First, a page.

The theramin, or theremin - opinion is divided on the correct spelling - was probably the first practical electronic musical instrument. It is credited with inspiring Bob Moog to invent his synthesizer. Invented by Lev Sergievitch Termen (normally Anglicized to Leon Theramin) in 1919, it was intended to be a classical instrument. Well, originally it was intended to be an improved radio but, after he discovered his new instrument's capabilities, Lev tried to develop it as an orchestral instrument.
Although it has made more of an impact in the popular music arena, few classical composers seemed interested in working with an instrument with no fixed pitch. This is a shame because it is hard to think of another instrument which has had such an influence, or which has been so completely different from anything that's gone before. Certainly, when he toured Europe in 1927, crowds were such that the police had to be called in to control them.
Where Might I Have Heard One?
Remember those high-pitched whines in the music for Tim Burton's Mars Attacks!? Well, the wobbly electronic thingummy in the background is a theramin. Science fiction movies of the 1950s would have been very much the poorer without the theramin soundtracks. Well, probably.
Also, for you trendy popsters, the band Goldfrapp use the instrument extensively on songs like 'Lovely Head' from their Felt Mountain album.
And the Beach Boys?
A common - and easily understood - misconception is that the Beach Boys' song 'Good Vibrations' also featured a theramin. Well, not quite, that was an instrument confusingly and misleadingly known originally as an electro-theremin, later changed to the Tannerin after its inventor Paul Tanner. This is capable of creating theremin-like sounds but it works on a very different principle, more like the Ondes Martenot. This kind of instrument is much easier to play than a real theremin and has a wonderful sound of its own, but it is not a Theremin. Tanner, who himself played on the Beachboys recording is on record as himself being somewhat embarrased by the confusion. Very few, if any, people would have the skill to play such a controlled and tuneful melody with perfect intonation on a Theramin.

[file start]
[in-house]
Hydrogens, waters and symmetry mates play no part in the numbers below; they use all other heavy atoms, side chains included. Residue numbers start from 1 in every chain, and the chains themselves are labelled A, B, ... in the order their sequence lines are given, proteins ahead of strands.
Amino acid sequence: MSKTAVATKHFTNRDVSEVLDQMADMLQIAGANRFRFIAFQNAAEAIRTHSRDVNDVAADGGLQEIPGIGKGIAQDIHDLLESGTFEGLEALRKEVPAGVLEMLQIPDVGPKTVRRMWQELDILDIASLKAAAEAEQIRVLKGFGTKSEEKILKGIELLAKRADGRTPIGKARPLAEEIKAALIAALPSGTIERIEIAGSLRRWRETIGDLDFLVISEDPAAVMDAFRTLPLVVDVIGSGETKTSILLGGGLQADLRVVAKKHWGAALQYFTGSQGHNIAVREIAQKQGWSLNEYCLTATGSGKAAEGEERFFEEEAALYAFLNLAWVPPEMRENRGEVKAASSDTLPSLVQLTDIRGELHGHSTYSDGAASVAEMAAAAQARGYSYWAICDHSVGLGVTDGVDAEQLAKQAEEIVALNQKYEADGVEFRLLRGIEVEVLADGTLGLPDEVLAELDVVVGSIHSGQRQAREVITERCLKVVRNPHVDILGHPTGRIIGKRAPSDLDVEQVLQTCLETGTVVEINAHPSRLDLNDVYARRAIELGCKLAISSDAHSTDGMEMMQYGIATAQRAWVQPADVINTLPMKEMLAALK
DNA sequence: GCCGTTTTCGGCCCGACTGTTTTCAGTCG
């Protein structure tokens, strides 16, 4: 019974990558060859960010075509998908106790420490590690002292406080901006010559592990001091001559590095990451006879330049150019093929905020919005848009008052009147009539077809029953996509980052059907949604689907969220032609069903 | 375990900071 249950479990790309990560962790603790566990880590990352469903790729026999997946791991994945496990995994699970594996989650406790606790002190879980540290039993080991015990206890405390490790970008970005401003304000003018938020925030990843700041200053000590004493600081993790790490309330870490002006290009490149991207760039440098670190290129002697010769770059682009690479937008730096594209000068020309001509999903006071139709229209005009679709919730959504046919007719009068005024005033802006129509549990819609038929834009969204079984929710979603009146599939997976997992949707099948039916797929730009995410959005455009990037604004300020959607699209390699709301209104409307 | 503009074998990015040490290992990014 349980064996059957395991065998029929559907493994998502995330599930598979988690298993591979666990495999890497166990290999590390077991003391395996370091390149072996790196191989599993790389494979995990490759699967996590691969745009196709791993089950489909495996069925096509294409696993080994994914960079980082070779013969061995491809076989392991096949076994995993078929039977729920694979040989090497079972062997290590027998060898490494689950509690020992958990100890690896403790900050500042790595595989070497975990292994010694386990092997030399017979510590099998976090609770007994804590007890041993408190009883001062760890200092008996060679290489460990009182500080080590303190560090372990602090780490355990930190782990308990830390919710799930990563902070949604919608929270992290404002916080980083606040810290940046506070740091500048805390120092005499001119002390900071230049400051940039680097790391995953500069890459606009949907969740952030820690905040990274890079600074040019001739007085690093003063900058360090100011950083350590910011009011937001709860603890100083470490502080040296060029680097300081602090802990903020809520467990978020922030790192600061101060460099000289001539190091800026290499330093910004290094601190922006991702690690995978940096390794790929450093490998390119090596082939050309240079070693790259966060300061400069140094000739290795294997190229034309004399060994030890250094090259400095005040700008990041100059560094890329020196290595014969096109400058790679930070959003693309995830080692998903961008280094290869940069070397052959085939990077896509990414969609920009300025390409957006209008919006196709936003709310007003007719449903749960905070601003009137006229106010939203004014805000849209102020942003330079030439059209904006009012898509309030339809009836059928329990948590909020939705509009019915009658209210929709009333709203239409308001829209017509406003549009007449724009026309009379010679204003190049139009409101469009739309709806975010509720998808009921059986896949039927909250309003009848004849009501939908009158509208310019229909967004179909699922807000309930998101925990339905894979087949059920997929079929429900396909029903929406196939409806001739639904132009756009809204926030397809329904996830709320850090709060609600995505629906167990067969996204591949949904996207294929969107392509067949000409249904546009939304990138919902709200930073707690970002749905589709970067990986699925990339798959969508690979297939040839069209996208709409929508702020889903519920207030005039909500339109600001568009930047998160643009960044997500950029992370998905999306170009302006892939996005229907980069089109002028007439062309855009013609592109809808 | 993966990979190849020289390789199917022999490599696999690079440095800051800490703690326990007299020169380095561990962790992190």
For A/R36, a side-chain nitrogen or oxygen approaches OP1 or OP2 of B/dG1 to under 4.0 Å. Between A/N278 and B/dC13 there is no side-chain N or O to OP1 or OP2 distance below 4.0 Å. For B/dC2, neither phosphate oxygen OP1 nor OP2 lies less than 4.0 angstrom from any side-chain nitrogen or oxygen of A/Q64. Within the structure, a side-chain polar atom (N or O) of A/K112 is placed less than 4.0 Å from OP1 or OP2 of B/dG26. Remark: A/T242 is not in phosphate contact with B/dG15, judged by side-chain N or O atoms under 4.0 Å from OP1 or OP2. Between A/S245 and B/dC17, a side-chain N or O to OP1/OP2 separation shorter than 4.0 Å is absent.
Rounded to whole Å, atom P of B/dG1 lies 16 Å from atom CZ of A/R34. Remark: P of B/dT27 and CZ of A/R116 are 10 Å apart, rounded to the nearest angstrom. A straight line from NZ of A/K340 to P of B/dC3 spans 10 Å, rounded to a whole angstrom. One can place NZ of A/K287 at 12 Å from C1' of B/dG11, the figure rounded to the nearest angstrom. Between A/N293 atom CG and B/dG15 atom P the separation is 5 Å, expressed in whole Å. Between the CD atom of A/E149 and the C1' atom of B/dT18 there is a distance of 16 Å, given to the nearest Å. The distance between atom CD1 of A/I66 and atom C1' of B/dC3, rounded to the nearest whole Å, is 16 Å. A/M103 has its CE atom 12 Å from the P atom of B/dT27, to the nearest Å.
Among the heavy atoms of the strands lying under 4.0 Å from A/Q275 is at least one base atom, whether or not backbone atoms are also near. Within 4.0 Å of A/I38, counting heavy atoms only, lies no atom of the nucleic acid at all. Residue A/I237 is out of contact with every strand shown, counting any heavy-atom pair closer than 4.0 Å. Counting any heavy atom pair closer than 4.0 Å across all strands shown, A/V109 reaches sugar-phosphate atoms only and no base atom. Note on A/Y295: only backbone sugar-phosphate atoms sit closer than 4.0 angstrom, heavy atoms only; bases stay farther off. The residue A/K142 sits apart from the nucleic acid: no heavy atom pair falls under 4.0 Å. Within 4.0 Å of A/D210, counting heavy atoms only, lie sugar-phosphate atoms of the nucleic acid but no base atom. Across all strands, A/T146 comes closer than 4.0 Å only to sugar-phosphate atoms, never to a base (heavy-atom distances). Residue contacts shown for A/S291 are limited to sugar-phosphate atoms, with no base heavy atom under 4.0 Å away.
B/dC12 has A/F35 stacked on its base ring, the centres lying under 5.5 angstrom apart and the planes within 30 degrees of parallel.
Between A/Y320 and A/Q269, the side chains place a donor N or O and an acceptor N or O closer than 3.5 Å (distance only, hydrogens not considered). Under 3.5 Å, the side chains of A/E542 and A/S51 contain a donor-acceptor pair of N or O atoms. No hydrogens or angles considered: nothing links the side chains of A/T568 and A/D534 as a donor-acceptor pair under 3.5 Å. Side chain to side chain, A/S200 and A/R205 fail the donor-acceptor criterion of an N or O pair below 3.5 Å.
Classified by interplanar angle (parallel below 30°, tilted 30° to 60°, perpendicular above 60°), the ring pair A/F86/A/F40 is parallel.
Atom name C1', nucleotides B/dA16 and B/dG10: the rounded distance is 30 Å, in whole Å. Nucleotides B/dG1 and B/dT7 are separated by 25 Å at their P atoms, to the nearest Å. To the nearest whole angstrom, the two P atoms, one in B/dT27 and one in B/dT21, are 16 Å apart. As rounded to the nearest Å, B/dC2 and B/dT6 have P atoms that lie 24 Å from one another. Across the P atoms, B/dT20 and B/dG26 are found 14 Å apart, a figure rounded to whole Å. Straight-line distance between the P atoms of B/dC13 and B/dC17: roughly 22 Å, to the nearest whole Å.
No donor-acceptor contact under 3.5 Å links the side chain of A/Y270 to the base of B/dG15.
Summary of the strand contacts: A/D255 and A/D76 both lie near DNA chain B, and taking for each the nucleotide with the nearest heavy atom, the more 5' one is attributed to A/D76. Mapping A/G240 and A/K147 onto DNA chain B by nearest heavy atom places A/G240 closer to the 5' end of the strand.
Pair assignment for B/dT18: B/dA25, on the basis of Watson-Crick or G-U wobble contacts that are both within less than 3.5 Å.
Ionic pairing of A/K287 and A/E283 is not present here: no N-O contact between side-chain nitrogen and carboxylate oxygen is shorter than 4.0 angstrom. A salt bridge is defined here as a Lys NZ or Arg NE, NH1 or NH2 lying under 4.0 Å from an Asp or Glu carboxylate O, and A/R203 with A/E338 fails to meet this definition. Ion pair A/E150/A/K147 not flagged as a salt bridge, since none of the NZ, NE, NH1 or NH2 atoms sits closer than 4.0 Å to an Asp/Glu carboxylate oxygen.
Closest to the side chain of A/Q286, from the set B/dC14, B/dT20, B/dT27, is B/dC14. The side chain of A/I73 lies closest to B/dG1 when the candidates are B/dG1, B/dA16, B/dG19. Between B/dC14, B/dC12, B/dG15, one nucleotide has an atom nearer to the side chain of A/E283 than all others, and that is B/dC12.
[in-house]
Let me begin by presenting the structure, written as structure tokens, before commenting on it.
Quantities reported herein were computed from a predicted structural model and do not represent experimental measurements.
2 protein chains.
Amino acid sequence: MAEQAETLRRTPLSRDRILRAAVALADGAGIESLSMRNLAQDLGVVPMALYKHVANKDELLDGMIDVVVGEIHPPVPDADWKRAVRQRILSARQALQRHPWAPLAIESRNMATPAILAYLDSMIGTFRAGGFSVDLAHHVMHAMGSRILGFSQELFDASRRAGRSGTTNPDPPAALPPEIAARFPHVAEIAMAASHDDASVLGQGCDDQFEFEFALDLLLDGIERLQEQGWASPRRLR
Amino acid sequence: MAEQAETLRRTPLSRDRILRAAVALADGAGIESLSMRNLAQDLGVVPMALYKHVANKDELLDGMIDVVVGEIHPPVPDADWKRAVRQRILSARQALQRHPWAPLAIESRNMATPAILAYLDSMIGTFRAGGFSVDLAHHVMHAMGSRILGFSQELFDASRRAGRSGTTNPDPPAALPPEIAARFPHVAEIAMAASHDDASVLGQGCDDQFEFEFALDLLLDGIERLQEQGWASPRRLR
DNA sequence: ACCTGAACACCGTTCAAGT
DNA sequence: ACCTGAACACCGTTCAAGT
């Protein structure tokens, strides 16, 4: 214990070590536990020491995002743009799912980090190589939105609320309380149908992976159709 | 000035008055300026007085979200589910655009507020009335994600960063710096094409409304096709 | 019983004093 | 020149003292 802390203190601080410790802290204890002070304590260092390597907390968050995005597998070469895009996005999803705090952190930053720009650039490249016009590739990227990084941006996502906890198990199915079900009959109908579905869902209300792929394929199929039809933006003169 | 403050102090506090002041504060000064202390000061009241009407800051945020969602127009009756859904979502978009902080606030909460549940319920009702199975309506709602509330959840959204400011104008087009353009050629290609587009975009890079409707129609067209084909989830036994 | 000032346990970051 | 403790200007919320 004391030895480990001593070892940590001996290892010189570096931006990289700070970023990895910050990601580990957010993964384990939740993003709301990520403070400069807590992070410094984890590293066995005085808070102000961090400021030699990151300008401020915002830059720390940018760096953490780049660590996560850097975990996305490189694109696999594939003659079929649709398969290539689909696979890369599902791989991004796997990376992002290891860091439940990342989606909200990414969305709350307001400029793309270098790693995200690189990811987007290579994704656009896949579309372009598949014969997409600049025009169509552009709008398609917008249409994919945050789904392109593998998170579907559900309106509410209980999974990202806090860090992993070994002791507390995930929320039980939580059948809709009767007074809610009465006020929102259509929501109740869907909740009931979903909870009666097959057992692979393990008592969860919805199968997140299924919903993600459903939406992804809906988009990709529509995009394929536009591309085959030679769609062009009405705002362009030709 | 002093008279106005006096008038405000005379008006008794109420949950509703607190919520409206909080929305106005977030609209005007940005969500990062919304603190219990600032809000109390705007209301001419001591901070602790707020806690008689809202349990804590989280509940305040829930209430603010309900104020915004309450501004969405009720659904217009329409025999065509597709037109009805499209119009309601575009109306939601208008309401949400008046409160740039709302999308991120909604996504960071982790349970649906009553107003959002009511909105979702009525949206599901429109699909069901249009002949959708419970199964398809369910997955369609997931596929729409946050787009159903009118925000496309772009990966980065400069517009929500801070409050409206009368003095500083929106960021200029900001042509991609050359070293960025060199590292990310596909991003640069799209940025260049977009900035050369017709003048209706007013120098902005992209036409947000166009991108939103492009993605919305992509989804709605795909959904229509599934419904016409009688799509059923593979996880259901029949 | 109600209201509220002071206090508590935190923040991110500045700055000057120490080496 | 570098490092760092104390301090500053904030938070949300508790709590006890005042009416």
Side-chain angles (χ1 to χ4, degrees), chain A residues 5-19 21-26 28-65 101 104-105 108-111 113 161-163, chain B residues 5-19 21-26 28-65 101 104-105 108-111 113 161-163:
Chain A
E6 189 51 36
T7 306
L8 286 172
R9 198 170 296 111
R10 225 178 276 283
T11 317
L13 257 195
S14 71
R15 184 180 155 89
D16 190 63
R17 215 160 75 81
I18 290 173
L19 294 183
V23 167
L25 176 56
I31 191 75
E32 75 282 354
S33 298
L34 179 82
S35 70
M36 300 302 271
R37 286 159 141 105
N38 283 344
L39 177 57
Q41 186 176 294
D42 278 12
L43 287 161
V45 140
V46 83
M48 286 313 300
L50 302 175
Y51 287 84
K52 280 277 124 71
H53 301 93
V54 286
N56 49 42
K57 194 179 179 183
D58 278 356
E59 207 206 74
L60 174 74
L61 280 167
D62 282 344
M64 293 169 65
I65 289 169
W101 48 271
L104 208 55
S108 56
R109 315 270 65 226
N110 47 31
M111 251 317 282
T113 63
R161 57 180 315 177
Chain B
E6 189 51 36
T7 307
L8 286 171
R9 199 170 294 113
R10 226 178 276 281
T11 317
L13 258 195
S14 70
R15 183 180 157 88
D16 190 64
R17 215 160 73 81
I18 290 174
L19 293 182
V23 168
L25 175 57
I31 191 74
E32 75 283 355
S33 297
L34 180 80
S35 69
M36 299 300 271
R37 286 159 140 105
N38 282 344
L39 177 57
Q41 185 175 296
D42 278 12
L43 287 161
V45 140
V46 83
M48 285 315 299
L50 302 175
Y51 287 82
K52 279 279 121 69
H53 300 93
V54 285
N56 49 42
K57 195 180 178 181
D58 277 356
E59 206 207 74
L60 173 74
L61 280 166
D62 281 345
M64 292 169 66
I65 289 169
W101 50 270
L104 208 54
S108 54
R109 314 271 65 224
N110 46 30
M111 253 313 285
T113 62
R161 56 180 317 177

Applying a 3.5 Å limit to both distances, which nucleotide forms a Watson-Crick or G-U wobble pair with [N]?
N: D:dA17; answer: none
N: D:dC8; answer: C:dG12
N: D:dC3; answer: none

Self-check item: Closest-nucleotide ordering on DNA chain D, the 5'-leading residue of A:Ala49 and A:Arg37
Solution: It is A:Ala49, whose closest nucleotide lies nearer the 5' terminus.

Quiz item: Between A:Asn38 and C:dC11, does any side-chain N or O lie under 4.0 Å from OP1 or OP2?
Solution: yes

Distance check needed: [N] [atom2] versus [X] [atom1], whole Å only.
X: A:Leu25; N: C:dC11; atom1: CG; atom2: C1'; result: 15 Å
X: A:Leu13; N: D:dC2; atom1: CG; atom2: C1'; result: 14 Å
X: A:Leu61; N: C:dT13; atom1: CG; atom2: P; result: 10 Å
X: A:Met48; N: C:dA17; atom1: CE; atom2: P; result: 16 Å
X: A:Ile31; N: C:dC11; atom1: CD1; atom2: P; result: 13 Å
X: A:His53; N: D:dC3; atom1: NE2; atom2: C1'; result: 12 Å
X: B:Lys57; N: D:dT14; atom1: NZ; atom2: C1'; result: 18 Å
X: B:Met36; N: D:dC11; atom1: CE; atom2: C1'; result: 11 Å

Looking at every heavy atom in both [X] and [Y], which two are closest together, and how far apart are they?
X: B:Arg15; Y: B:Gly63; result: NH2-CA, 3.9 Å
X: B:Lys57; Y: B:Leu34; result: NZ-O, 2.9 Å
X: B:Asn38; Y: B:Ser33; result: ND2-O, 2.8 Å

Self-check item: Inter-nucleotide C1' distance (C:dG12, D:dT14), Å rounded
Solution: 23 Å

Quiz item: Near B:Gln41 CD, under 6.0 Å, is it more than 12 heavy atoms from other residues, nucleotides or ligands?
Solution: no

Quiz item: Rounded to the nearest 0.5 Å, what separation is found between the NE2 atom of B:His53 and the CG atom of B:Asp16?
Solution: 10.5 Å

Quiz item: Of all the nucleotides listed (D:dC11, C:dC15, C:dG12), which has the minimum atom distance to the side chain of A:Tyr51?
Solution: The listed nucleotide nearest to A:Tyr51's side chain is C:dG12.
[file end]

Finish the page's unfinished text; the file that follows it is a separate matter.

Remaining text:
Tell Me More
It is tempting to think that the instrument is unique in its lack of fixed pitch but, of course, there are other instruments which have the same attribute - the slide trombone, for example, or the swannee whistle. The theramin is different in that it is an electronic instrument designed not to mimic the sound of an existing instrument, but to be unique and distinctive. It is also unique in that it is played without being touched. It generates an electronic tone whose frequency is modulated by a capacitor, one of whose plates is the player. By moving the hands, the player can vary both pitch and volume at will - continuously variable. No other instrument of any significance has been designed to be played simply by moving the hands in the air nearby. Odd? Certainly, but curiously compelling in its ethereal sound and technical simplicity.
So what does it look like? The original resembled a small coffin on legs with an aerial and a handle, but the physics of the device are such that it could be almost any shape. One has been built out of an old desk drawer, and the one used in 'Good Vibrations' was like three or four shoeboxes, joined end-to-end, with a couple of knobs on one end.
Bands such as the Jon Spencer Blues Explosion still use the theramin, and it has a number of other devotees. However, it remains a sadly neglected instrument, despite the founding in 1997 of an International Theramin Festival in Portland, Maine, USA.
Lev Termen was reputedly kidnapped from the USA by the KGB in 1938. He reappeared 30 years later, despite wide assumptions of his death. Lev/Leon Sergievitch Termen/Theramin was a man whose life was as singular as his instrument.